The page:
Emails show Texas employees saying governor's office pushed for details on voter purge
Emails between Texas Department of Public Safety employees imply Texas Gov. Greg Abbott's office pushed for details and may have been the driving force behind a failed GOP-led voter purge effort.Posted — Updated
The emails were released as a part of a lawsuit against Texas's now-former Secretary of State David Whitley and Texas Attorney General Ken Paxton over their effort to purge nearly 100,000 people suspected of not being US citizens from the state's voter rolls. The San Antonio Express News first reported the emails.
The state settled the lawsuit in the spring and agreed to end the initiative that a prominent Latino civil rights group said intimidated voters based on a false narrative of voter fraud.
Texas Secretary of State David Whitley touted that provision within the settlement, saying in a statement that it would allow his office "to develop a sustainable non-citizen list maintenance process."
In one email dated August 27, 2018, John Crawford, a Texas DPS information technology manager, wrote to another DPS employee that Governor Abbott's office was pushing for the effort to move quickly.
"We delivered this information earlier in the year, and we have an urgent request from the Governor's Office to do it again. Is this a canned process that can be executed easily?" Crawford wrote in the email. "Can we do it today?
John Wittman, Abbott's spokesperson, denied that the governor's office pushed for the effort.
"This is patently false. Neither the governor, nor the governor's office gave a directive to initiate this process. No one speaks for the governor's office, but the governor's office," Wittman told CNN in a statement.
"Not one of the emails came from anyone in the governor's office," Wittman added. "No one from the governor's office was cc'ed on the emails."
Wittman said the first time the governor met with Steve McCraw, the head of DPS, about the voter data error was March 2019.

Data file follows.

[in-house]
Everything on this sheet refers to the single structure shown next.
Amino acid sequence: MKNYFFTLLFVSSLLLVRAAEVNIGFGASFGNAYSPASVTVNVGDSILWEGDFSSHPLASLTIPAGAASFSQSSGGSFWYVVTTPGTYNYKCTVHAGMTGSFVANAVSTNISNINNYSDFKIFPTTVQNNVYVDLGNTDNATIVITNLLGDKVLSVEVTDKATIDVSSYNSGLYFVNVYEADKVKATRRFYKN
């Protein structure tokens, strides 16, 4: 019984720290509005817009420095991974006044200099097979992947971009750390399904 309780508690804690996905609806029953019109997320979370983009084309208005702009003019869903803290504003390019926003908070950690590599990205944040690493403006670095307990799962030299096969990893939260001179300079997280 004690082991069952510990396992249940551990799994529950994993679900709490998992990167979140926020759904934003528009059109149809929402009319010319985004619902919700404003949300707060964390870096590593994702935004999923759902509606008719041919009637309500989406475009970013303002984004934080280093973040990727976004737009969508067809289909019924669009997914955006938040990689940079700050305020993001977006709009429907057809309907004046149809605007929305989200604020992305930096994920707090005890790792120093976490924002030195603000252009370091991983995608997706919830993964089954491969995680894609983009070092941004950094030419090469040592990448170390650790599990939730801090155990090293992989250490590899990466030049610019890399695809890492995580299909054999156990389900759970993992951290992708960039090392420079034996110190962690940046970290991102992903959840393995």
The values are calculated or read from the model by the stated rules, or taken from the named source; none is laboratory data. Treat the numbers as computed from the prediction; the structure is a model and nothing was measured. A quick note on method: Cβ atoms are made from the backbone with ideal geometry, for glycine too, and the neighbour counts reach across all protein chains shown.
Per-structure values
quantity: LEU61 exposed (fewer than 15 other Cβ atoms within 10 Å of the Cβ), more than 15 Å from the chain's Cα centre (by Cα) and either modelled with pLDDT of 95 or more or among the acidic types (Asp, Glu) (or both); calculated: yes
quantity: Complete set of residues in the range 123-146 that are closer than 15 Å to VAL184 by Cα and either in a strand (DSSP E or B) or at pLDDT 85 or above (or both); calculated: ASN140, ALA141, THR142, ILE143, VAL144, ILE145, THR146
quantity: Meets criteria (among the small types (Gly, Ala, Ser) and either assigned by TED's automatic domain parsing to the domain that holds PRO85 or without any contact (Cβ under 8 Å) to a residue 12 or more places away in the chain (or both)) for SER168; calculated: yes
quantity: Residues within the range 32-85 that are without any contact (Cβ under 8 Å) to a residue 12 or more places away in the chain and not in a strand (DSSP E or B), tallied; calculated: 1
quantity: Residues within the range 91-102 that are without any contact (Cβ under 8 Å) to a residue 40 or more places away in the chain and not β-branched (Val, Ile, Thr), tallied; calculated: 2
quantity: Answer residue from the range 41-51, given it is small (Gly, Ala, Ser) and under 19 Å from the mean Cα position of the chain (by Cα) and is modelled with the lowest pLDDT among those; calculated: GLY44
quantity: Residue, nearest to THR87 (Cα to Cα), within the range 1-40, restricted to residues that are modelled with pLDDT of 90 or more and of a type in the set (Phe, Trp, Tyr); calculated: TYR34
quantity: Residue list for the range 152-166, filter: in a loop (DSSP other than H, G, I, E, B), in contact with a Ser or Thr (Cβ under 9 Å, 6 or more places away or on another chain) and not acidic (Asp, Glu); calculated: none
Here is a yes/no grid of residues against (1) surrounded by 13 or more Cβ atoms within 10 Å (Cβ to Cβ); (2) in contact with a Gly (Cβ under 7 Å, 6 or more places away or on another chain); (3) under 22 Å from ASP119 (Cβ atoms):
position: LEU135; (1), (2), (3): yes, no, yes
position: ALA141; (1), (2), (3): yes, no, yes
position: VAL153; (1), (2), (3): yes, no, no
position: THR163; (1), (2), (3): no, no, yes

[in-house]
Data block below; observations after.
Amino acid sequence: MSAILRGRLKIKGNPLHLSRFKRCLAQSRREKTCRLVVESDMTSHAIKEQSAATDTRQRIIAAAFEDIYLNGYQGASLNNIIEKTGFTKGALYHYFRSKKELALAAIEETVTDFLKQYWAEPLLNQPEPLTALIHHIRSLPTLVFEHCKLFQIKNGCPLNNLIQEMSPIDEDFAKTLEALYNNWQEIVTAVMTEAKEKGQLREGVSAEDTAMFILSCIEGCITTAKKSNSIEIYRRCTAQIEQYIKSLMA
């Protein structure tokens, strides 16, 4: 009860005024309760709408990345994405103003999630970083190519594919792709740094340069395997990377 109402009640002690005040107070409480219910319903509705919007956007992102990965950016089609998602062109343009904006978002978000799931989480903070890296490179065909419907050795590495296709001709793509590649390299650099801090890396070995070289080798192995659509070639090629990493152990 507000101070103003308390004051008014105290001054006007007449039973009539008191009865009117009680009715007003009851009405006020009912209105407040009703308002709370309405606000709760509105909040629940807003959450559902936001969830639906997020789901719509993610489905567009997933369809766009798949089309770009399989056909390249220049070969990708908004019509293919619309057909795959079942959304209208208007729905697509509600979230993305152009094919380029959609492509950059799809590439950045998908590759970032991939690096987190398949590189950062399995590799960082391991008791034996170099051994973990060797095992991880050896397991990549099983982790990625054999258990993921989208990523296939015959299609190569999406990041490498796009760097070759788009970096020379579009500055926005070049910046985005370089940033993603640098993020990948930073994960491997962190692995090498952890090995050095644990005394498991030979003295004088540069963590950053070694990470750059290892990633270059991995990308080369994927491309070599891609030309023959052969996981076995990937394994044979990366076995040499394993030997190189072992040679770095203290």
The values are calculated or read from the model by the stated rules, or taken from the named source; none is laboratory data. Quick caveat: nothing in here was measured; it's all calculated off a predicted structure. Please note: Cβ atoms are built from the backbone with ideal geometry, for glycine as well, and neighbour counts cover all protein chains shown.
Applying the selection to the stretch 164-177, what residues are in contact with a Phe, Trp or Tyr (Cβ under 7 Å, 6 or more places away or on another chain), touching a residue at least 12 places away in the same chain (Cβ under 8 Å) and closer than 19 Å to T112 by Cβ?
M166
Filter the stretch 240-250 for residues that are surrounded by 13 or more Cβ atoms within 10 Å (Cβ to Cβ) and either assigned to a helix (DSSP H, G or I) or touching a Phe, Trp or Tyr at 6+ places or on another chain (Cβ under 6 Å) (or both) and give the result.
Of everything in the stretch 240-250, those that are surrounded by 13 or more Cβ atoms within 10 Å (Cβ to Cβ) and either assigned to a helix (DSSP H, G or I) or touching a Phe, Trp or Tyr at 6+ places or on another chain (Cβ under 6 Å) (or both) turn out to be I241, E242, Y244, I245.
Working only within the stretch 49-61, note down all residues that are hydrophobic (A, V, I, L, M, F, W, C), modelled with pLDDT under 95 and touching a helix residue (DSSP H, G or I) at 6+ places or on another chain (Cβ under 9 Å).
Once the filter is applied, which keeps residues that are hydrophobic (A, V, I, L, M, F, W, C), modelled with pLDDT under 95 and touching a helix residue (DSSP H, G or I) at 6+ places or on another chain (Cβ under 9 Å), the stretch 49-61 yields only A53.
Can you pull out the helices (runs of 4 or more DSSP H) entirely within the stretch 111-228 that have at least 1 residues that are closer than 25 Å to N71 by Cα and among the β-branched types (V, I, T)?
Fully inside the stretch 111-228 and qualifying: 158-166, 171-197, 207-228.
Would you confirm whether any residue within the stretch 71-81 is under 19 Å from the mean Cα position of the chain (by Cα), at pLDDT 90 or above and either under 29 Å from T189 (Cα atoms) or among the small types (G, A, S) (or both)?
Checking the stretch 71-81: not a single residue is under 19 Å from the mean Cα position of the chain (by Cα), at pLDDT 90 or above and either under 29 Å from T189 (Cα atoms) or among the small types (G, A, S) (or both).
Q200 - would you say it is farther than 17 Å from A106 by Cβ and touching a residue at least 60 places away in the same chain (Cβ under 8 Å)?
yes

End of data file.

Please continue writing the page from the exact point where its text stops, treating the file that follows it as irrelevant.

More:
Domingo Garcia, president of the national League of United Latin American Citizens has told CNN that the state's effort was an example of the "severe voter suppression efforts" around the country to improve electoral conditions for Republicans at the expense of minority voters.
"It's based on the fact that Republicans have -- at least in Texas -- have stopped trying to reach out and win Hispanic votes via their policies and ideals and now have resorted to an unfortunate, age-old tradition of voter suppression, going from the Jim Crow laws, poll taxes, whites only primaries, voter-ID and now, you know, purging of voters from the rolls," Garcia said.
Whitley, who led the effort, on behalf of Texas has since resigned as secretary of state after failing to attract sufficient support in the state legislature to stay in the role.
The Campaign Legal Counsel, which was also involved in the lawsuit, posted the emails online and parts of the emails have been redacted. The CLC subpoenaed documents from the Texas Department of Public Safety regarding their role in the citizenship matching process.
In response to Crawford's email, another DPS employee, Vani Madipadga, emailed back, "Is it SOS Non Citizen file ? We provided the data to them on 05/16/18 ... If it is the same data, It can be executed but Query might take more than an hour to run on Reporting DB."
Crawford responded, "Yes, that's it; they want a new one. ... They've requested changes, but not for this run, so we would run what we have."
CNN has reached out to Crawford and Madipadga for comment.
In a separate email, Amanda Arriaga -- the director of the driver license division at the Texas Department of Public Safety, emphasized to other state officials that Abbott wanted the information.
"The Governor is interested in getting this information as soon as possible," she wrote in an email to Gayatri Vasan, a divsion support manager in the driver's license division.
"Presuming we were able to change the priorities, please let me know how soon that could be."
CNN has reached out to Arriaga and Vasan for comment.
The lawsuit from LULAC with a coalition of civil rights groups came after Whitley and Paxton released statements claiming the now-former secretary of state's office had discovered about 95,000 potential non-US citizens registered to vote in the state. They said roughly 58,000 of those identified had voted in at least one Texas election.
Whitley's office pledged to investigate and refer individuals who were improperly registered to county registrars for further action, but a federal judge in Texas temporarily blocked the effort in February and said there was no evidence of widespread voter fraud.
Copyright 2023 by Cable News Network, Inc., a Time Warner Company. All rights reserved.